Mind maps for a research outlook: An example for CSCL

The beginning of a research process is usually an exhaustive review of the state of the art. As one gets deeper into the domain one realizes that just reading articles and getting to know what people in the field isn’t really enough. There is much more contextual information needed to have a broader look of not only the current research being done but also the environment in which it is developing.

So, besides the what one would also look for is the who: Senior and junior researchers working in the same research topics, as well as the groups they belong to. Having a clear idea of who the main researchers are in the field and their previous work is also very helpful (the why).

Another important fact is the where. This includes not only meaning the physical location of the people working in the field but the situations or contexts in which you might find research related to your work. Keeping track of conferences and journals that are relevant for one’s work is also a must.

Some time ago when my work was more contextualized in the field of Computer Supported Collaborative Learning (CSCL) I started a mind map about this domain. Of course, besides all of the contextual information it includes a basic start for the kinds of research being done in the field. This was done taking into account my interest in interaction analysis so it doesn’t provide a generic  overview but might be of help for anyone starting in the domain. Besides, the mind map structure can serve as inspiration for other domains.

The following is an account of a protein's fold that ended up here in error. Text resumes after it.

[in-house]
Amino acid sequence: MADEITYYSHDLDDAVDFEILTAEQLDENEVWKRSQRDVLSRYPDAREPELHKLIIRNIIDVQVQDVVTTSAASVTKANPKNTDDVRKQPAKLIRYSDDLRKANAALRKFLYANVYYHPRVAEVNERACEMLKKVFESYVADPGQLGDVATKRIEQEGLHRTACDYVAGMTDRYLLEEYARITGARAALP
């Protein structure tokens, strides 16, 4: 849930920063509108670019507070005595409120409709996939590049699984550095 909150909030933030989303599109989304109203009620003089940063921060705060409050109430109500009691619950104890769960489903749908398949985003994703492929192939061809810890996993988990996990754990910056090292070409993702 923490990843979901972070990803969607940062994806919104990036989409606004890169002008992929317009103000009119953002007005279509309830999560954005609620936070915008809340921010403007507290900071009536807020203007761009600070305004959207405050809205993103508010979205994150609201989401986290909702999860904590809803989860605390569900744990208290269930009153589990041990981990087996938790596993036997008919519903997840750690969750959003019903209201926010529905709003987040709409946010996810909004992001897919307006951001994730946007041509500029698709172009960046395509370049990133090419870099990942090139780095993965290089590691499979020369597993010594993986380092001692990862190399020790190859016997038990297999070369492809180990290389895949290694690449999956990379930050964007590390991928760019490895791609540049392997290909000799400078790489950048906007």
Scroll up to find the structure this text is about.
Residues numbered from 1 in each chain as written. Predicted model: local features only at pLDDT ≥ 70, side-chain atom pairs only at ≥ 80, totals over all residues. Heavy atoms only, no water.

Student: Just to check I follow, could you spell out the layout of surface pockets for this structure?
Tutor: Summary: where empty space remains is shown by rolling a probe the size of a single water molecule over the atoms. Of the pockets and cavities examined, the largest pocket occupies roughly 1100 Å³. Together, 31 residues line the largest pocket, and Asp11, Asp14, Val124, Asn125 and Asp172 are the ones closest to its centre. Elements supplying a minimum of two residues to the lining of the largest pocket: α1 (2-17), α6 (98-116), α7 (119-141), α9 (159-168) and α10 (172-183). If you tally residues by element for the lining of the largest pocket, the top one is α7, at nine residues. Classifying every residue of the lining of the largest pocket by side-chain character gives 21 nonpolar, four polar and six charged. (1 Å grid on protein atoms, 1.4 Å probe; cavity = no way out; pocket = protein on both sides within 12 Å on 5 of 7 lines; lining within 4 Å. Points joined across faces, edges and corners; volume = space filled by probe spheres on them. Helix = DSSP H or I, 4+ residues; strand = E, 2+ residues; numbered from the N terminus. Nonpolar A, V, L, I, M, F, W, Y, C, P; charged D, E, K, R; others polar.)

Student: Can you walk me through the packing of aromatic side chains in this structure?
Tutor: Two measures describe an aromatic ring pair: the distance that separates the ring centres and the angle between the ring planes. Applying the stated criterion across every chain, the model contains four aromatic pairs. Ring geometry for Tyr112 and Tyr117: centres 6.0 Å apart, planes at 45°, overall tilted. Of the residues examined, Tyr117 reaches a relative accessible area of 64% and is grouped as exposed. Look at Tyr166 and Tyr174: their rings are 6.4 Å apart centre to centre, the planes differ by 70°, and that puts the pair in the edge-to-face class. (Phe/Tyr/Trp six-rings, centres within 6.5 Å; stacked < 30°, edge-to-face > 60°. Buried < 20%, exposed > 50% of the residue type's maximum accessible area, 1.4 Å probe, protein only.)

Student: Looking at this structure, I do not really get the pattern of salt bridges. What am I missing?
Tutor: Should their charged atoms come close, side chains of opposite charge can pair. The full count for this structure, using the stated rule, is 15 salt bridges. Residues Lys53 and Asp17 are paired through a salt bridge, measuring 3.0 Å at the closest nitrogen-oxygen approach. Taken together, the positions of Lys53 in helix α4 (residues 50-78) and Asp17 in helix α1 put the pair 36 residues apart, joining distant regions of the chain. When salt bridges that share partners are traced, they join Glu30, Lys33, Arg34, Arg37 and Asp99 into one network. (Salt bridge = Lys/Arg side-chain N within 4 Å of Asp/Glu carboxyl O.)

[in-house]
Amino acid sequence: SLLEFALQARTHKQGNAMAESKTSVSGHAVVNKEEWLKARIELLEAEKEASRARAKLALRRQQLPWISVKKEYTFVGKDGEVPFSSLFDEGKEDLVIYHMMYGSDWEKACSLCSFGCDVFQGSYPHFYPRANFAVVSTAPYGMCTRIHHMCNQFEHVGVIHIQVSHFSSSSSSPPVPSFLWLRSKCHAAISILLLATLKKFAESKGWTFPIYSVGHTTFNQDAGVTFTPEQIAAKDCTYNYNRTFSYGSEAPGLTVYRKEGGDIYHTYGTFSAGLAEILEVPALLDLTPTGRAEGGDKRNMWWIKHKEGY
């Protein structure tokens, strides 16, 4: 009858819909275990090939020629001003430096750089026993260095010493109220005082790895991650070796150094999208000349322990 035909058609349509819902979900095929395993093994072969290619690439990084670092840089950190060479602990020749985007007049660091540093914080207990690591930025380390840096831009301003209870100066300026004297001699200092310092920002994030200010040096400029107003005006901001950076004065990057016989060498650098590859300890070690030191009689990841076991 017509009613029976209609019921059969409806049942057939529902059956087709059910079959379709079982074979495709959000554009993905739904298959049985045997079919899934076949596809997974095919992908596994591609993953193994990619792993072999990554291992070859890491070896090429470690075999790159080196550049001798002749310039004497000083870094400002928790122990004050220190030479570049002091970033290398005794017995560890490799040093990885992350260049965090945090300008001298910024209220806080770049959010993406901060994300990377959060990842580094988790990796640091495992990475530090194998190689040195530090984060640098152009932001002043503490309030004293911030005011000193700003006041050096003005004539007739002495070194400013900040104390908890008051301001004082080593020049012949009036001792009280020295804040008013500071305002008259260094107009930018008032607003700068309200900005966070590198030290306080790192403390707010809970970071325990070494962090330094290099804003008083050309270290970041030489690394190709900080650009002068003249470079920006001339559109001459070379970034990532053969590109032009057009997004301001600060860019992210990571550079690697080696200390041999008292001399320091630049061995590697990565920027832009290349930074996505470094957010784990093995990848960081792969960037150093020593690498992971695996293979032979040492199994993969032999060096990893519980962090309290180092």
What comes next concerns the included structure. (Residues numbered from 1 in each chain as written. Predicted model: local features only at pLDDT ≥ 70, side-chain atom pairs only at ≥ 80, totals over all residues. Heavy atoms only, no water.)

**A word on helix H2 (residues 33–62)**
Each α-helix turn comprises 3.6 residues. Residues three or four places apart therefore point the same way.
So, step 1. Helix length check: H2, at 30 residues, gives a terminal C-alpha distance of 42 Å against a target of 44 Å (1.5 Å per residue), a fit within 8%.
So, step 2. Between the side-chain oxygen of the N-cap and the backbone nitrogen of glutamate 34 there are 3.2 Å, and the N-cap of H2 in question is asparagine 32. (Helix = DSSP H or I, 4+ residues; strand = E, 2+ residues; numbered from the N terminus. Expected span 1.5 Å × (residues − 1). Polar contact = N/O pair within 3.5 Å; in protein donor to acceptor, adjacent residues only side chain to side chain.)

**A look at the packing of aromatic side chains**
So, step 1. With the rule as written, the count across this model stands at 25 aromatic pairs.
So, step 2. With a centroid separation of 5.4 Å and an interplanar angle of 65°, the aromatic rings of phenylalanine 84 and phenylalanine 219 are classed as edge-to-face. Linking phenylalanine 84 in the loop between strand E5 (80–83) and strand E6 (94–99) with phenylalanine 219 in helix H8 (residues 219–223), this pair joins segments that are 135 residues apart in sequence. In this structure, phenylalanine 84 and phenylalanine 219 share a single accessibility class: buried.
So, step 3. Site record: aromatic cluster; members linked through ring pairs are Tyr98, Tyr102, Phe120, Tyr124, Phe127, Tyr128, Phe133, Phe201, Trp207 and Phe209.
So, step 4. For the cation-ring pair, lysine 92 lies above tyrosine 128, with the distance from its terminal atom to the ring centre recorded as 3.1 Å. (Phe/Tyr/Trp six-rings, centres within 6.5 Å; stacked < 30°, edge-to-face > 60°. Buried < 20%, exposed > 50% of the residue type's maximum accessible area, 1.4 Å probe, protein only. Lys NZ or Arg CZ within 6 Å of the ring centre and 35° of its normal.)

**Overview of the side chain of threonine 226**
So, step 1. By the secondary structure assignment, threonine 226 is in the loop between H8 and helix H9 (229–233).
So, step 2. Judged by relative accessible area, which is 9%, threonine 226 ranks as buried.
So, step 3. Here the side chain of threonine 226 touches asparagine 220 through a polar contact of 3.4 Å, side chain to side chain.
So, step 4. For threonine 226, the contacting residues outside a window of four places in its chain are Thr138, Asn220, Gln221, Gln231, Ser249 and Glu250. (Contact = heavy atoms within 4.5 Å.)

Presentation summarizing the book “Secrets of the JavaScript Ninja”

I finished reading the book Secrets of the JavaScript Ninja, by John Resig and Bear Bibeault, and I presented a very short summary in the JavaScript study group of the university (JSUC3M). The presentation is available here:

Presentation: Secrets of the JavaScript Ninja

The presentation is mostly interactive and it has more code than text, which was the reason to use CoderDeck to make it.